Posted Apr 08, 2009 12:14 PM
I remember back in my college days, playing a gig on an empty stomach. If I was playing Anna's Restaurant in Pearisburg, VA, I would get to eat from the buffet halfway through my performance. Many things have changed since then. Enter: family, regular job, home maintenance, and a list of music students. Exit: time to practice, time to market myself, time to relax.
About six years ago, I loaded up my Plymouth and moved to the Louisville area. This was my opportunity to grow and expand in ways that the limited population and industries of West Virginia did not offer. This town has a very active music scene with very busy musicians. The Bottom Line: you are either makin' money or playing for free around here.
In part one of this series, I am outlining how I have squeezed myself into the scene in the past couple of weeks. This is far from professional advice, just some simple do-it-yourself ideas.
The easiest thing to do right (or wrong) is to create a profile on the internet. Free sites such as MySpace, Facebook, or ShoutLife (a Christian site) are great places to start. Take a tour of other musician's pages. When you see/hear something you like, send them a message and ask how they did it. I have learned a ton of things by asking.
You can use search engines such as Yahoo, Google, and Lycos (my favorite) to search for venues in your area. Type "music," "restaurant," "coffeehouse," "coffee shop," "booking," etc. The first thing I look for is an email address for the manager. I often find a music booking contact. Sometimes I will find the manager's name and use a search engine (Lycos, Yahoo, Google) to find their email or phone number.
I have scheduled several shows on very short notice using this technique. I used to call, stop by, and come back with my instrument for an audition. Now my web profiles have my resume, pictures, and music videos, as well as testimonies from my former customers.
Don't be afraid to call. Just tell whoever answers the phone that you would like to speak to the person that is in charge of booking musicians. Sometimes I begin by asking if the place even has musicians perform there.
I spoke to someone last night that told me they've kept the same musicians for the past 15 years. They keep the same core customers that come to listen to the same people every time. I need to find myself a gig like that. Another manager told me that I need to drop off a hard copy resume. They do not want to look at a website. They want a CD of my music and to meet me in person.
Every place is different.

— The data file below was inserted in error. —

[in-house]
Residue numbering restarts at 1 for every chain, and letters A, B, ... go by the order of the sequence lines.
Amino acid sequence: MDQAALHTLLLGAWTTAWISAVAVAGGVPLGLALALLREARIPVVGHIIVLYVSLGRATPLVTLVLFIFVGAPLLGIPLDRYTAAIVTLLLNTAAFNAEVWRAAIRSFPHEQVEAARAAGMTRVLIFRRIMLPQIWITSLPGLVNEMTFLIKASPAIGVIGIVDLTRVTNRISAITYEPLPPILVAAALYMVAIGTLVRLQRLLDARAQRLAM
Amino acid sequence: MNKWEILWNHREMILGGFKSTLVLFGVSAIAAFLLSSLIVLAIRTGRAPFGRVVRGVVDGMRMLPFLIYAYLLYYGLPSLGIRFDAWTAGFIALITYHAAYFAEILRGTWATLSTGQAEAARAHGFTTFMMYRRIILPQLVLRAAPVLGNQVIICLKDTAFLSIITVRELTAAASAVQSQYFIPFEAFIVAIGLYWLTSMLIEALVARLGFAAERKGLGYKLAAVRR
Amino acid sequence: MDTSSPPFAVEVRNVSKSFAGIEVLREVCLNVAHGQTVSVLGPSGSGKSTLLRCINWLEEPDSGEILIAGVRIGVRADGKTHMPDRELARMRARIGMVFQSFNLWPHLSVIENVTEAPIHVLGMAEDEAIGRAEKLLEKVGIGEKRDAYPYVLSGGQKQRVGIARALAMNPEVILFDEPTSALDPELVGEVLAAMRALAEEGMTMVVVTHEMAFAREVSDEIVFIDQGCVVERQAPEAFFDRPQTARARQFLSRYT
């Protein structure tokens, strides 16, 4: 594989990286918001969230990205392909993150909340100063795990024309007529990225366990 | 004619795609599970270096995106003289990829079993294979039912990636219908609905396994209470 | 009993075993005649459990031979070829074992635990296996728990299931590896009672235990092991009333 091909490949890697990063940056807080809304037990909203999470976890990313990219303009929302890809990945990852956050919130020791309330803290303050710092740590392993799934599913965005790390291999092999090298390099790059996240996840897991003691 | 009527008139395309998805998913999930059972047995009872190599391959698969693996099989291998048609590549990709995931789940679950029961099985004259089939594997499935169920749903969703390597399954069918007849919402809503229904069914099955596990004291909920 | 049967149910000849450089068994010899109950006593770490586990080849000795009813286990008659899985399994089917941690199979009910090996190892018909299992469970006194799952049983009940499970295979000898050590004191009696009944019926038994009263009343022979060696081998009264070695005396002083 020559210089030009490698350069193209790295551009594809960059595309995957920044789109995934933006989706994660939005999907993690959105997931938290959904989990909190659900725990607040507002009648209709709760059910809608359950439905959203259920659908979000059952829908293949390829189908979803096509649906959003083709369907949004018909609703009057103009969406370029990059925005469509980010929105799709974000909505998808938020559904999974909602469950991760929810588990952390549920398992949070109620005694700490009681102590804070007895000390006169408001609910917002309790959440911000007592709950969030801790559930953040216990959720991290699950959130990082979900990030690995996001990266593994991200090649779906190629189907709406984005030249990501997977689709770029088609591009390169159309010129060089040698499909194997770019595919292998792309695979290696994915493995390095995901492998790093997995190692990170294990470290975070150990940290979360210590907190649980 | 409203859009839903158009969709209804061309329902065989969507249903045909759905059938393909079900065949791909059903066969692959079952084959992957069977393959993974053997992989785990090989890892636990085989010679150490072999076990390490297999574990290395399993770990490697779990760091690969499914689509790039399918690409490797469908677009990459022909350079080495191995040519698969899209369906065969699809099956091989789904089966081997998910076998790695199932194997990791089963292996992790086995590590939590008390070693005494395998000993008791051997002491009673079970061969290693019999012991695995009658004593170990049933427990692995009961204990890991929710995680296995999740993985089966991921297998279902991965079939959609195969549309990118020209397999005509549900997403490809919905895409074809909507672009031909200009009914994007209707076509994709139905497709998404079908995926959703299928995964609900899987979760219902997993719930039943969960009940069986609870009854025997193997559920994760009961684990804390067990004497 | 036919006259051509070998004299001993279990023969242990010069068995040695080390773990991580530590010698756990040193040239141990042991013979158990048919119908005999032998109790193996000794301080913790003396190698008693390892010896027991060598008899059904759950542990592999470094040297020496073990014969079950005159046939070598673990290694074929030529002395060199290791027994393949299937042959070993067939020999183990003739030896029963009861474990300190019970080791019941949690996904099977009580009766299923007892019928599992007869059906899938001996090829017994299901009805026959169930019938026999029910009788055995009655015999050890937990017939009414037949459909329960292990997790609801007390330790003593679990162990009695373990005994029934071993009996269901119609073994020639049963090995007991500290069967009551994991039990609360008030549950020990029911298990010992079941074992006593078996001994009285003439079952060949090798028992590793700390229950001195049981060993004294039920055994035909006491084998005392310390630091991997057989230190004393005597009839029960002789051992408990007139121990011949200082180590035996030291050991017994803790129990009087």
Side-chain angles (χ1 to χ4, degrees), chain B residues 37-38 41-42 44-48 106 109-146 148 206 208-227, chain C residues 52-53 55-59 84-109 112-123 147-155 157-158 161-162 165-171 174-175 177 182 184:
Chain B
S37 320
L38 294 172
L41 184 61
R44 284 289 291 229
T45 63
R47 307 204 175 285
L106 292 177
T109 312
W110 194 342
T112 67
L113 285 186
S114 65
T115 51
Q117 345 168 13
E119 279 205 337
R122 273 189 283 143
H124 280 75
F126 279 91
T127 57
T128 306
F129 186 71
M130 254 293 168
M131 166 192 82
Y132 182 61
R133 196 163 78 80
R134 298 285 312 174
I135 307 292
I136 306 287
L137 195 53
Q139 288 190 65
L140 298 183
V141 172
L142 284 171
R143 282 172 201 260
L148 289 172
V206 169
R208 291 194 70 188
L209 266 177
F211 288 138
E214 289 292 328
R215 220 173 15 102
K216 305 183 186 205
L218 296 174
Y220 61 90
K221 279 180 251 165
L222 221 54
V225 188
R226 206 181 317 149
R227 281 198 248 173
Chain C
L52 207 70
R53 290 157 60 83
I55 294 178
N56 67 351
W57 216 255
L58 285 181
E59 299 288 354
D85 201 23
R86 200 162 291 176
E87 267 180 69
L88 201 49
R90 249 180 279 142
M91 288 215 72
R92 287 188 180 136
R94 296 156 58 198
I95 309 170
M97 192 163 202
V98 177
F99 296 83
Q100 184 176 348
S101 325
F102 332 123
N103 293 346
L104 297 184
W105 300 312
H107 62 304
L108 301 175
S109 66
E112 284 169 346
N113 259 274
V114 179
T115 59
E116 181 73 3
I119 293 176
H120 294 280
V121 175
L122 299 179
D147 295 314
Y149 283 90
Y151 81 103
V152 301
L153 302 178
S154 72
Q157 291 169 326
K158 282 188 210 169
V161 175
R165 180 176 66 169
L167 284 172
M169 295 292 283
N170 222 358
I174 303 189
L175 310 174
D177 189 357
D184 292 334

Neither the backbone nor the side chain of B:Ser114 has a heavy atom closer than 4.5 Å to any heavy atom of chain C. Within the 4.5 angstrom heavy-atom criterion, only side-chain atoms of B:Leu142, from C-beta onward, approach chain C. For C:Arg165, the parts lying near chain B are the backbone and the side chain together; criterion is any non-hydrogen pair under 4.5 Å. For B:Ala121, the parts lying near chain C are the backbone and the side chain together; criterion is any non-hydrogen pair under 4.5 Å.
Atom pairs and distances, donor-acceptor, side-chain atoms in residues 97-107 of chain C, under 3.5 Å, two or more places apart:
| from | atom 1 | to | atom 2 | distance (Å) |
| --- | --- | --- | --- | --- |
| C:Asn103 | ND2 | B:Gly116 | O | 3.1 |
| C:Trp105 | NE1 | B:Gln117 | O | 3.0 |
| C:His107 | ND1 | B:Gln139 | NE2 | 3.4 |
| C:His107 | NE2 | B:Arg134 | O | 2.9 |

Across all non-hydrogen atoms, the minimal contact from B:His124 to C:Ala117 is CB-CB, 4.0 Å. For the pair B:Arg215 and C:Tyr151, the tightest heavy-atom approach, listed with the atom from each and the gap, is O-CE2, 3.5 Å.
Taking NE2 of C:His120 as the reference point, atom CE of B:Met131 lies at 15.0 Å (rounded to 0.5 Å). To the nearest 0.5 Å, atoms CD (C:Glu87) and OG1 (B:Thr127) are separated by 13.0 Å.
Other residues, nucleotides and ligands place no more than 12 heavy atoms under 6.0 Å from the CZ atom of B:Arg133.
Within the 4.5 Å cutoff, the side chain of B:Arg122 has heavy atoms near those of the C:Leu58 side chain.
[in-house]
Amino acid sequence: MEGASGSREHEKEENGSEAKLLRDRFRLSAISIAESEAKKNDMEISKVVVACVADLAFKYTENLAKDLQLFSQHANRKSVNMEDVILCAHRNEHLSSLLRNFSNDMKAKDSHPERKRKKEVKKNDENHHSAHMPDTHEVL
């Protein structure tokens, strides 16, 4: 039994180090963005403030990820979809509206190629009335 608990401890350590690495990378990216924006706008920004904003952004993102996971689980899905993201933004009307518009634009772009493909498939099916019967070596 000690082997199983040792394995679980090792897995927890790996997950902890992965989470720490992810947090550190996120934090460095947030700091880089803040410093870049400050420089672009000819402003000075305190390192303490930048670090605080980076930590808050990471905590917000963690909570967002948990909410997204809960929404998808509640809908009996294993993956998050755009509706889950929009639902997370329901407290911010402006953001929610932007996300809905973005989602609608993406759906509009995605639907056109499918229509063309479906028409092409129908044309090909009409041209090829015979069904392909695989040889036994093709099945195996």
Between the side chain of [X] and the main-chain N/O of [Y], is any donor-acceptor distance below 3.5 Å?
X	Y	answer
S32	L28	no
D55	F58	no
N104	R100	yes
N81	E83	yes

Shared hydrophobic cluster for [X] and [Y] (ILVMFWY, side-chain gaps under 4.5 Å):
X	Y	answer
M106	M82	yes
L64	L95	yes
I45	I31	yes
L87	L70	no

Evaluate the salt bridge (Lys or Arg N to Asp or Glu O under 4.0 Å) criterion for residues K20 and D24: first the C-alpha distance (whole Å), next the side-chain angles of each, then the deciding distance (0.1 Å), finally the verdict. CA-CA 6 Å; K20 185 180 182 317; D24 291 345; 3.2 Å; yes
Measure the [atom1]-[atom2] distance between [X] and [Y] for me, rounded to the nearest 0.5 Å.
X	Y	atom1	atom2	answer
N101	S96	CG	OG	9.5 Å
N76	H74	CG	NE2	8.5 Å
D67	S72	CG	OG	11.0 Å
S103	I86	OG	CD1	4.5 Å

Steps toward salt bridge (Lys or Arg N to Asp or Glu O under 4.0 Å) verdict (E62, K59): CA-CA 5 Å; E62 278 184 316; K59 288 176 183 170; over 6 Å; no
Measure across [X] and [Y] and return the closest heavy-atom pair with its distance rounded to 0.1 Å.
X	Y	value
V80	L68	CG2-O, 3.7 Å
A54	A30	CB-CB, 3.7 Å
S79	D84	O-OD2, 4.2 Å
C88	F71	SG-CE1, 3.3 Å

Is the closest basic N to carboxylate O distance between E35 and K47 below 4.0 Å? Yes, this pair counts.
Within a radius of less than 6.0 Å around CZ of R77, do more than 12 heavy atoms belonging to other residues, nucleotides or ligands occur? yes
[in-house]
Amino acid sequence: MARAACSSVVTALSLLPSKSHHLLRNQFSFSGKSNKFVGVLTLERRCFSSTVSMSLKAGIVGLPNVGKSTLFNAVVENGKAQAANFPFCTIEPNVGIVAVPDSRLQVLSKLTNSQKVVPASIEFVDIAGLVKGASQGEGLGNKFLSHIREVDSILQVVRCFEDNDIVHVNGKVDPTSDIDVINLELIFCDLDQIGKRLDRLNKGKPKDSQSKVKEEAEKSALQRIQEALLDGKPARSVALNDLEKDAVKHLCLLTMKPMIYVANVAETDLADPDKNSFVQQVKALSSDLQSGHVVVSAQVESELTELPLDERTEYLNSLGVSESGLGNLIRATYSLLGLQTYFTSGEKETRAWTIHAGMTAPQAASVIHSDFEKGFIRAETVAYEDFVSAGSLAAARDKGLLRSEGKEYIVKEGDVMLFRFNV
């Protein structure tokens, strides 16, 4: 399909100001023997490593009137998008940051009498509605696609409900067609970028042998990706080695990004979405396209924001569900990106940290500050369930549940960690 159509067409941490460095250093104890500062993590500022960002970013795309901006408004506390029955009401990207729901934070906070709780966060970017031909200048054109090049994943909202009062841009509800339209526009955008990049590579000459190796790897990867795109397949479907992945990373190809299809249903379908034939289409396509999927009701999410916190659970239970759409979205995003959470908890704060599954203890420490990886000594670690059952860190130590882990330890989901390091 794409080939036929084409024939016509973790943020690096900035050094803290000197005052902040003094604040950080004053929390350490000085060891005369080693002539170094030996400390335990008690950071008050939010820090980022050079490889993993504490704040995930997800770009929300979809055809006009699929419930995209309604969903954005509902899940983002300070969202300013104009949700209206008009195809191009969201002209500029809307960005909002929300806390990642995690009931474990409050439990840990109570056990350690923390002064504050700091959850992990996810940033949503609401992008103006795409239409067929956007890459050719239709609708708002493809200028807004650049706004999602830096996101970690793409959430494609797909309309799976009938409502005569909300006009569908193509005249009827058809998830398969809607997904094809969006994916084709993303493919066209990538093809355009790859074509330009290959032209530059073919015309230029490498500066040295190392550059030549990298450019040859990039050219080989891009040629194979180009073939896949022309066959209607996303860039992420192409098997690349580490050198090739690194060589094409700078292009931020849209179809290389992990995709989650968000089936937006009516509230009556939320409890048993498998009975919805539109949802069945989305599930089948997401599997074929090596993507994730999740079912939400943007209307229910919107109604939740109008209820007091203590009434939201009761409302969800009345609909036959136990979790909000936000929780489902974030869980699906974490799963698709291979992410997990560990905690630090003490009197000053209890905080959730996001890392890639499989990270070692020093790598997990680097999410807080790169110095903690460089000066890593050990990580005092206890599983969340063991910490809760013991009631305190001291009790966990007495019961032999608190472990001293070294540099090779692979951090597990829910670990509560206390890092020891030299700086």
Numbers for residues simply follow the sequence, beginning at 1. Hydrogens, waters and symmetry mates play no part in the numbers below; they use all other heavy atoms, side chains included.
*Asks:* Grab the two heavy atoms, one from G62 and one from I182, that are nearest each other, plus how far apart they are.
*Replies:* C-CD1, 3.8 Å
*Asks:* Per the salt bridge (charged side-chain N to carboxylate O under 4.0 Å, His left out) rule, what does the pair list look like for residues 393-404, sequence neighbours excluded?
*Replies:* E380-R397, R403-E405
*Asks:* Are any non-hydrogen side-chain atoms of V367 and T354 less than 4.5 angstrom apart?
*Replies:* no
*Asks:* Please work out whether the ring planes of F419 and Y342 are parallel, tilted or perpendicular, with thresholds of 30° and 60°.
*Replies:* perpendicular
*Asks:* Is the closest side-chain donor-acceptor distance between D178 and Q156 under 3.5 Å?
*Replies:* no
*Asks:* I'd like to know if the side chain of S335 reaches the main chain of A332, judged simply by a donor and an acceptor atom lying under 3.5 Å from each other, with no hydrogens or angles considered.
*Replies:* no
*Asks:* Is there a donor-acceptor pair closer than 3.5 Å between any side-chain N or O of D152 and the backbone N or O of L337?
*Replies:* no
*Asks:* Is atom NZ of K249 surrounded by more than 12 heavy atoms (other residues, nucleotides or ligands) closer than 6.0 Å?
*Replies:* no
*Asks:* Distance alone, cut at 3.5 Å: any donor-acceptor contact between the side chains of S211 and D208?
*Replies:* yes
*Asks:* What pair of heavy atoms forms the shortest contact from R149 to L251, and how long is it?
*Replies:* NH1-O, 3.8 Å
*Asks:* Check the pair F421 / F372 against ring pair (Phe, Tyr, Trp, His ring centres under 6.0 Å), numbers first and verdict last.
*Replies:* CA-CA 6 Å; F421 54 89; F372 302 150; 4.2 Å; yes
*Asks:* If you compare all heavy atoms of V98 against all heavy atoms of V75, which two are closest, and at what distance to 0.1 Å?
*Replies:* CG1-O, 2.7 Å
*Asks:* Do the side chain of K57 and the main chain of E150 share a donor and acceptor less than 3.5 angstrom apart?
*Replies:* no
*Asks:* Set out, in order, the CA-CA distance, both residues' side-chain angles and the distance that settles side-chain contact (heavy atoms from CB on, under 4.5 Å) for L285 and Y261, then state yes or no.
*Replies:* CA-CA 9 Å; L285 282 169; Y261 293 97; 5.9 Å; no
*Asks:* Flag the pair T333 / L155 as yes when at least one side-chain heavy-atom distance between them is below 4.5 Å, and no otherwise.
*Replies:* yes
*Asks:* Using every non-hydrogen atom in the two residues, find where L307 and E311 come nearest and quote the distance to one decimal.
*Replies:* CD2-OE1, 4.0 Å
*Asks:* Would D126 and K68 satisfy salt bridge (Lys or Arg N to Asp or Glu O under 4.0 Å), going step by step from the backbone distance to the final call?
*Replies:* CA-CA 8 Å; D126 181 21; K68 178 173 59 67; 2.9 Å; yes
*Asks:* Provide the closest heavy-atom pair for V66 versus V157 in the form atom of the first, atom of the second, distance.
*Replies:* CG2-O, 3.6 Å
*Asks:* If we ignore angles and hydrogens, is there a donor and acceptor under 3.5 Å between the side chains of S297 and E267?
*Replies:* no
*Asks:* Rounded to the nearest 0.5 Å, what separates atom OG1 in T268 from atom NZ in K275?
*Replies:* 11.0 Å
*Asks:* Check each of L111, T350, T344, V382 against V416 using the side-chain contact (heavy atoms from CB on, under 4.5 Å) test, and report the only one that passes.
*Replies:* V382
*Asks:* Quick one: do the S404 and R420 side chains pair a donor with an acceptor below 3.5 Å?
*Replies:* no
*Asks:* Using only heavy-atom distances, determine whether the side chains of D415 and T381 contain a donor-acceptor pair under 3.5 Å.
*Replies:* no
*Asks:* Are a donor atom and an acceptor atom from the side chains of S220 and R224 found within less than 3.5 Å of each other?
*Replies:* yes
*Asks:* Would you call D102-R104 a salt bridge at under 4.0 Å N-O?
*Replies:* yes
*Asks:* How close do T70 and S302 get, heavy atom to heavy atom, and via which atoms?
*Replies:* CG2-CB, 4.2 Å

I know of several areas of Louisville that are especially known for their artsy traditions. Frankfort Avenue has it's own website. The site lists virtually every business on the street. Also, check out Bardstown Rd.
You can get out of your car with a notepad and write the names and addresses of all of the places you are interested in. Tonight, I am going to have some 4.25X5.5 cards printed that advertise my band, CD, website, and booking information. I plan to walk into some of these places and drop off a card for the management. The busy managers don't have enough time to talk. The busy places are also the places you want to perform.
If I remember correctly, Budget Print (Jeffersonville, IN) said they will print 10 of the above sheets (40 cards) for 3 bucks. That's black on white card stock and no art charge. If you are not good at creating an attractive layout, their art charge is at least 7 bucks. These will be handy tools to pass out at gigs. They list the websites that our CD can be purchased from.
My experience at a printing company and some great freeware from the Internet has given me the opportunity to design my own CD graphics and have it printed for less. I used Kingdom.com to print my CDs. I saved money by not ordering the cases -- just the cover card, tray card, and color-printed CDs. The size costs more than the weight to ship; in this case they are less expensive at Wal-Mart. I burned my own CDs. I used a freeware program called Audacity to maximize the volume and export the songs at 320kbps instead of 128 (the default). Now my music is as loud as the CD I bought at the mall.
I can't tell you exactly how to sell those CDs yet, but stay tuned, my follow-up articles will discuss how I will interact with people in the venues and attempt to create a following.